This first post on my new blog will hopefully provide you with an idea of who I am and the journey I am on. To read my welcome or introduction to Reflections, click Welcome to Reflections.

Grieving the death of my husband Bill was, in the first two years, mostly about gut wrenching pain; tears; feeling lost, alone and confused. I fumbled about; missed him and our life; grieved all he lost; and lived in a fog of sorts. I was overdoing and under doing and more. However, as I look back now, those years were also about insights, learning, growth, and incredibly compassionate wounded healers who know grief well. These people, strangers for the most part but now friends, came into my life, heard me, helped me and still support me as I walk my journey through pain. Wounded healers are real people; people unafraid of pain, tears, loss, death and grief. Many of them are deeply involved in changing attitudes and knowledge about loss, death and grief as we relate to it (or not) in our culture. These years taught me how poorly we as a society understand and deal with grief. Many, too many, do not know how to reach out to someone in the throes of grief's agony. Instead some disappear quickly following a death. Others try and want so much to help, but just do not know what to say. It is that lesson that drives my passion to assist those who grieve and to help change the way our death phobic society deals with loss, end of life issues, death and grief.
I am launching this website on the fourth anniversary of Bill's death. It seems impossible that it has been four years since I felt his final heart beat beneath my hand...his final exhalation on my cheek. It also feels like a century ago since I have seen him, hugged him and heard his wonderful voice. Bill was my husband, best friend, soulmate, and colleague. We fit hand in glove. He was a clinical psychologist with a long history of clinical work and always a waiting list. We practiced together for many years. Losing him, as every one who has lost a spouse knows, meant losing a part of me. It meant losing our lifestyle, my co-worker, and well...our normal.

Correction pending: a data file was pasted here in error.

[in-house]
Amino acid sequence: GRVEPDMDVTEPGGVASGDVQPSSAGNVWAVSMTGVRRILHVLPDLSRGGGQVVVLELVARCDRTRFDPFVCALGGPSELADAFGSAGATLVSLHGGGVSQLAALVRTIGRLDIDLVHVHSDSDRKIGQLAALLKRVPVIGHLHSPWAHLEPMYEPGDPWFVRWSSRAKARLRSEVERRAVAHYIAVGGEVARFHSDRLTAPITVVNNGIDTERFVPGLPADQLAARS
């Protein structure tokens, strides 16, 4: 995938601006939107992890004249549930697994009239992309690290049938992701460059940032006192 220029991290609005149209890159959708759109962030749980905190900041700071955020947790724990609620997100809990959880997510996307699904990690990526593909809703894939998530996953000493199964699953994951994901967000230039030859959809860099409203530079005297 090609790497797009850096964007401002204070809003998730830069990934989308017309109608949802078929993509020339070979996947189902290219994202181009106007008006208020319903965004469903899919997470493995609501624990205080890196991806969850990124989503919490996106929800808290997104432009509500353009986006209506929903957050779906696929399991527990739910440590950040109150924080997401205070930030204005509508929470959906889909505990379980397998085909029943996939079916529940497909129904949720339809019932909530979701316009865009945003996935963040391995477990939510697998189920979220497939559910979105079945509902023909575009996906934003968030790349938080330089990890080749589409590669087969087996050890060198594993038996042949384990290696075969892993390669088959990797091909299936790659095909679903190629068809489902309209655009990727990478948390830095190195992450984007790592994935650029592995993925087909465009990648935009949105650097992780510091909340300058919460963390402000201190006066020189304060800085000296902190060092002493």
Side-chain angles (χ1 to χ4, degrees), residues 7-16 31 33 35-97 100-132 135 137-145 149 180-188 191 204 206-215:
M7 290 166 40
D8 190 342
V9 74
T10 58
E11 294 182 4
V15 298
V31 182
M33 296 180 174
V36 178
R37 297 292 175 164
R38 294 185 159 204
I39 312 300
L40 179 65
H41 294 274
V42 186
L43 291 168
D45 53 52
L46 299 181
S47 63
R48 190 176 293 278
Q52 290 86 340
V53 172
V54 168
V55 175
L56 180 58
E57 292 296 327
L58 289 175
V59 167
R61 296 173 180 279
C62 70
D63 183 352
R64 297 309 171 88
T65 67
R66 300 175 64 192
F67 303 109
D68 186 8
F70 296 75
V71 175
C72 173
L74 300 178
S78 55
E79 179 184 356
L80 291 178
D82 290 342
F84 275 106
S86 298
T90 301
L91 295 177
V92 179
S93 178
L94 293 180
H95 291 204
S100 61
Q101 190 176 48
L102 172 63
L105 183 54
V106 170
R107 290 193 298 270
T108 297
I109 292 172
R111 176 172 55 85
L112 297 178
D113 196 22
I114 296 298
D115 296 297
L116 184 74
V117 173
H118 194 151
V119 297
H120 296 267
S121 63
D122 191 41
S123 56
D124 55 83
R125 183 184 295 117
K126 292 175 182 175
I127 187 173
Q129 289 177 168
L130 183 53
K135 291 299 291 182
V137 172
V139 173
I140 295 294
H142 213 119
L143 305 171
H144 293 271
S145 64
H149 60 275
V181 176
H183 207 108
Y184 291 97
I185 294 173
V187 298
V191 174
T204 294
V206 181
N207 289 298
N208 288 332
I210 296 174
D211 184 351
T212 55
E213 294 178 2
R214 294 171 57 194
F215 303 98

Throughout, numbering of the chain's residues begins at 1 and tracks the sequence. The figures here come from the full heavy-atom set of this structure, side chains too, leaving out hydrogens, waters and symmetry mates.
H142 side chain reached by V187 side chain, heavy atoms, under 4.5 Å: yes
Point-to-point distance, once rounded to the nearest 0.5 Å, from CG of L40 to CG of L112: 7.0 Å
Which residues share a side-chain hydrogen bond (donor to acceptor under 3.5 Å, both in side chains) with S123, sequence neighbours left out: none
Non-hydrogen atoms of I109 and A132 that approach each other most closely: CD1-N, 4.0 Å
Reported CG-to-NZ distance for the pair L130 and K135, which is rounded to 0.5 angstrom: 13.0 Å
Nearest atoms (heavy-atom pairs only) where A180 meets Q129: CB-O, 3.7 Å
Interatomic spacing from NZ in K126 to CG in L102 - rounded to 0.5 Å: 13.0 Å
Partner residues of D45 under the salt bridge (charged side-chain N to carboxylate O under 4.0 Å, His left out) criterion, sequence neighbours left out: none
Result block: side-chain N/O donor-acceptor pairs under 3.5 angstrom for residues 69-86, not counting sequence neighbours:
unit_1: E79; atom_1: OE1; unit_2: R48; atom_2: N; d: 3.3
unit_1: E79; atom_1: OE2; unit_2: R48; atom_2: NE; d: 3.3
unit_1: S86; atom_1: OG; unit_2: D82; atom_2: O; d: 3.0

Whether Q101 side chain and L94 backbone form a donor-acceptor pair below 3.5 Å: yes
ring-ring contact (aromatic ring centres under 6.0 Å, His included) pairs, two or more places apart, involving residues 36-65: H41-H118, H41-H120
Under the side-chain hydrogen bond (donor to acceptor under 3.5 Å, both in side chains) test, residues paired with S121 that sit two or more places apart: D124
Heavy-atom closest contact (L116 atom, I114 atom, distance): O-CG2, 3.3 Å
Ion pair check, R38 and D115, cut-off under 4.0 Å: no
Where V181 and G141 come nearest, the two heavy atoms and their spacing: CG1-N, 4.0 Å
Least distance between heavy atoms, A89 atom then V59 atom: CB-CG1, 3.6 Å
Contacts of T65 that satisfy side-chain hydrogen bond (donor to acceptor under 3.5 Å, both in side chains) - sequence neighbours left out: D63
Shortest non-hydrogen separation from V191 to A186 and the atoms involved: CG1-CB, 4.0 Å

A Look at Reflections

Welcome to my blog. Reflections, was the name of the weekly column I wrote for sixteen years for three different newspapers. That chapter behind me, this new version of Reflections will run here with hopes that, like my columns over the years, each post will lead you to reflect, mull,  ponder and perhaps occasionally use to enhance your life. I hope you will read my first post, From Reeling to Healing.
Early in my journey through the grief of losing my husband Bill, I likened the journey through grief to walking a labyrinth. A labyrinth is used for meditation and reflecting. It is a circular but single path taking those who walk it to the circle's center. The path goes first in one direction, then another opposite direction. It goes around, back and forth, in towards the center and back out to the edge several times ultimately ending in the center, a place of enlightenment and peace. Like grief the journey is far from a straight line and often feels as if we are going nowhere or repeating our steps.

 

Personal Growth &
Grief Support Center